|Project by MrLaughingbrook||posted 12-26-2014 06:07 PM||721 views||1 time favorited||1 comment|
A few months ago I bought my first bandsaw and this set of oak boxes was my first project using it. I wanted to learn to resaw, miter, and spline a box with grain flowing all around. The stock was all from the scrap pile. My objectives were to understand how much thickness I could yield from resawn 3/4 inches, how big is the loss in box height from bandsaw kerf/sanding to cut off the top (0.03 should help me distribute the splines evenly next set), how to label and organize parts effectively, and how to spline corners.
1. Three are 6×9 x 2 1/4 inches using 4/4 (really 3/4”). Two are red oak and one is white. After the resaw and plane work I had 0.280 thickness for the box sides. The top and floor are 1/4 inch plywood. The splines are 1/8th inch red oak. I built them closed and used the bandsaw to cut open the top. The hinges are very inexpensive brass plated from Rockler. Most have latches from Woodcraft, one has a brass hook clasp. I noticed at this point that my “flat top” rip blade was not actually. The splines could not seat fully due to a small ridge on each side of the groove.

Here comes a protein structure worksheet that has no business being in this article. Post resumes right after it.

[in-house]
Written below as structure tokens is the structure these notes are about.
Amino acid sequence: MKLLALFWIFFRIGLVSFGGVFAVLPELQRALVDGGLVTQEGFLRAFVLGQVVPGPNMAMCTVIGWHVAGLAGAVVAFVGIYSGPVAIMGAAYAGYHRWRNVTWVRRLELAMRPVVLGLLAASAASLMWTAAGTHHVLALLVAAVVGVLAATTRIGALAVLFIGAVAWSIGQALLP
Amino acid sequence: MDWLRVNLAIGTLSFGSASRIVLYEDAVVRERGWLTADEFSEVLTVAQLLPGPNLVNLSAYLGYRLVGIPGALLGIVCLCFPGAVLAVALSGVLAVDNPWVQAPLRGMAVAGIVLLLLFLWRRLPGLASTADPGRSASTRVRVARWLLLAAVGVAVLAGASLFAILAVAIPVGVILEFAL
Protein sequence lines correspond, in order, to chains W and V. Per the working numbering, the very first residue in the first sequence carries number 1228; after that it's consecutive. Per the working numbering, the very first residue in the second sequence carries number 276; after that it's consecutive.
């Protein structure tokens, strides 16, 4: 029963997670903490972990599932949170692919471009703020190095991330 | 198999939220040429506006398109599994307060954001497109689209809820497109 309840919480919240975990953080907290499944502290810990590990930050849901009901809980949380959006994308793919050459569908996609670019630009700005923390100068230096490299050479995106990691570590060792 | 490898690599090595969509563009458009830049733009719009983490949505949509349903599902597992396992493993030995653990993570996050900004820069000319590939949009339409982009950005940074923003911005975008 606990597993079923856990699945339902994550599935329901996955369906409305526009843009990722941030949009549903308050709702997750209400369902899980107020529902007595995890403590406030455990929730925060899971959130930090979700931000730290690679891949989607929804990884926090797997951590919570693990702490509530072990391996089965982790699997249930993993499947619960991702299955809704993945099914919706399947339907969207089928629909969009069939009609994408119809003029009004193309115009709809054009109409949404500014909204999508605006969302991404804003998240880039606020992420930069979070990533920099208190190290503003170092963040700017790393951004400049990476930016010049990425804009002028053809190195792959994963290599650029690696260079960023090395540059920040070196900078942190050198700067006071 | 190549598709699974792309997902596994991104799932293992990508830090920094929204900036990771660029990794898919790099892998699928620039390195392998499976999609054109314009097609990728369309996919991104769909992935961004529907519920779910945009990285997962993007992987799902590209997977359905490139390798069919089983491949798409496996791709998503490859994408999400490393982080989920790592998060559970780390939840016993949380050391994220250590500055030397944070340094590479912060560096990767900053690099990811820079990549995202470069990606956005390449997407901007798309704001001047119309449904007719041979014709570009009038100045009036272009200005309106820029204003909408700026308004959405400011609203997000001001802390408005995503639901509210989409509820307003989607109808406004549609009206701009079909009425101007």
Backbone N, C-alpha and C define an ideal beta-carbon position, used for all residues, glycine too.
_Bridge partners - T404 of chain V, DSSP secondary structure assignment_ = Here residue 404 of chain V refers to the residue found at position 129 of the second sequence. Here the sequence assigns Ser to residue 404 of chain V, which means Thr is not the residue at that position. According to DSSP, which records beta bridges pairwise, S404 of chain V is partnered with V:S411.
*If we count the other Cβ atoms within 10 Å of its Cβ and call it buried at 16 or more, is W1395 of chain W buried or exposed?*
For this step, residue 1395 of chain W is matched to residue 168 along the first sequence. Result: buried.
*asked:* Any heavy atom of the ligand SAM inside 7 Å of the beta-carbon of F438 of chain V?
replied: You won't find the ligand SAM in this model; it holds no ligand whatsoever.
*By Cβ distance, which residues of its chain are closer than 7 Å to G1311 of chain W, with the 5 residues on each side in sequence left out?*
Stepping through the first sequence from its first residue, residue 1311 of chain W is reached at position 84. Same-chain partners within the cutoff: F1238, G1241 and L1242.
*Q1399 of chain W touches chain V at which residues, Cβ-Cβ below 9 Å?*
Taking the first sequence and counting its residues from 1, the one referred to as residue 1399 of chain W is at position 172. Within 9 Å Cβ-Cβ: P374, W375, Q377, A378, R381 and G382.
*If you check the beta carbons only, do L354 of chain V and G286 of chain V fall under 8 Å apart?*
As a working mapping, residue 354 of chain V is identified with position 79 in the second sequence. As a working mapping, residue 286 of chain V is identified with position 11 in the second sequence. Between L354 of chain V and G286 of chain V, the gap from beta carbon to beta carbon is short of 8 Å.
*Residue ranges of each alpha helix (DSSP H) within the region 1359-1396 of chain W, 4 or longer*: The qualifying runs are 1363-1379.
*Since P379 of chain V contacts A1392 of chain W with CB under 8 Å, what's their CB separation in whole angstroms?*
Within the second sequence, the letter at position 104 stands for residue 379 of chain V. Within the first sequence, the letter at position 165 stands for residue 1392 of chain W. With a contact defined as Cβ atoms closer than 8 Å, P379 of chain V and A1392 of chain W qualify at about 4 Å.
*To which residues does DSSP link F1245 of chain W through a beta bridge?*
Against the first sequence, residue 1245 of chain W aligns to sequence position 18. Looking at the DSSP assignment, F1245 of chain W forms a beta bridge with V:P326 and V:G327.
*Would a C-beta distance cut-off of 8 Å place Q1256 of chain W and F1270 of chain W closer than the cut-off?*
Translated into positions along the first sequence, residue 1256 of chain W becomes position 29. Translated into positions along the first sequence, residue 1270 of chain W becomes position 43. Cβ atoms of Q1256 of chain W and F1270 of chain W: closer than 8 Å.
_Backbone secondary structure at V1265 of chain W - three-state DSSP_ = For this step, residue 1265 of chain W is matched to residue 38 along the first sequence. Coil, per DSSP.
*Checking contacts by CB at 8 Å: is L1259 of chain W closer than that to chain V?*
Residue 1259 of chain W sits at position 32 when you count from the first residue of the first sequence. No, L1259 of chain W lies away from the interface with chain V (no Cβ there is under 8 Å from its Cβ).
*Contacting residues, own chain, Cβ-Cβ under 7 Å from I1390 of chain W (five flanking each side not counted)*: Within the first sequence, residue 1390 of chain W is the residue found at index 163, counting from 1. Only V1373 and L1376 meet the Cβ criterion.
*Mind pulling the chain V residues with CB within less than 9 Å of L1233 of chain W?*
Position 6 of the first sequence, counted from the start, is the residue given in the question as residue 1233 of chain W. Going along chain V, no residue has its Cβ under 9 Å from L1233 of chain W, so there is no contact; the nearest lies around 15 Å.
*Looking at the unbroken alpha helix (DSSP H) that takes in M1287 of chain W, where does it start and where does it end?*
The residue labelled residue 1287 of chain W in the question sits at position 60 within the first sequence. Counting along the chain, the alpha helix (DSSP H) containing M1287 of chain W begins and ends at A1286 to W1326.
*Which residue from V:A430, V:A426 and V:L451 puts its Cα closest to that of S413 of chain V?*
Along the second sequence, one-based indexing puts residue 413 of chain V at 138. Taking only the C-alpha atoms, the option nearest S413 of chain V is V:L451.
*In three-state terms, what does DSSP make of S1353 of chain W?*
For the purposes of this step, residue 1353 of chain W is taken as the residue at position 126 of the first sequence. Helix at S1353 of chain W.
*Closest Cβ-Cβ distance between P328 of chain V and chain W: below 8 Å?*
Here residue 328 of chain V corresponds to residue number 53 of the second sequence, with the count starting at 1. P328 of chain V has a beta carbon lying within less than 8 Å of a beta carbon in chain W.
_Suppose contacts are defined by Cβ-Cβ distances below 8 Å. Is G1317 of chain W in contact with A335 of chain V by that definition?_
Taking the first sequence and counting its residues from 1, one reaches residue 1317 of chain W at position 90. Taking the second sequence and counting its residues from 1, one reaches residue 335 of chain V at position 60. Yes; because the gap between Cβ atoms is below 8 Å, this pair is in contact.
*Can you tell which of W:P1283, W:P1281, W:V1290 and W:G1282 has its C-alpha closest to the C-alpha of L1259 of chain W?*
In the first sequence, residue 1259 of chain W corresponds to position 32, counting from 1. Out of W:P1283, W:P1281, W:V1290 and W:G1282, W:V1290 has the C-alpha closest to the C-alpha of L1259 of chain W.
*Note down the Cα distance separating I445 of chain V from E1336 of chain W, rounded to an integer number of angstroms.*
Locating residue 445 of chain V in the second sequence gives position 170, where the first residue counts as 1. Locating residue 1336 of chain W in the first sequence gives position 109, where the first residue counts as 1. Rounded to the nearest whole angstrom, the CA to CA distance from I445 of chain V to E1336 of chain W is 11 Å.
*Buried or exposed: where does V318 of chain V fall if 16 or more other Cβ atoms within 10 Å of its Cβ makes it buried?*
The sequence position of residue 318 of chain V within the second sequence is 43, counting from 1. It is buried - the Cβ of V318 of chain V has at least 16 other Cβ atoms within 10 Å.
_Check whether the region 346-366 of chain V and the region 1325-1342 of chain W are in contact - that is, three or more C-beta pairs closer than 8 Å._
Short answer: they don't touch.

2. One is 6×8 x 3 1/2 inches using 4/4 white oak for the sides and red oak ply for the top and floor. Splines are 1/8th inch white oak. Built closed and top cut off at the bandsaw.
3. One is 6×6 x 4 1/4 inches using 4/4 red oak for the sides. Solid white oak for top and floor. Splines are 1/8th inch white oak. Built closed with the sides dado cut on the inside before assembly then an offset dado to meet it was cut from the outside on the table saw to form a lip.
4. The large box with the nice brass hardware is for my daughter. She requested a “treasure” box big enough to hold playbills without folding. 9×12 x 6 interior inches using 4/ 4 white oak throughout. Built closed with the sides dado cut on the inside before assembly then an offset dado to meet it was cut from the outside on the table saw to form a lip. The hardware is solid brass. The hasp was surprisingly inexpensive from http://www.downwindmarine.com and is very thick. The hinges are from Rocker. For this one, I reshaped the spline pieces to accommodate the less than square bottomed slot. Next time I’ll buy a better rip blade.
A picture while waiting for the glue to dry on the splines:
A picture from just after hinges were installed: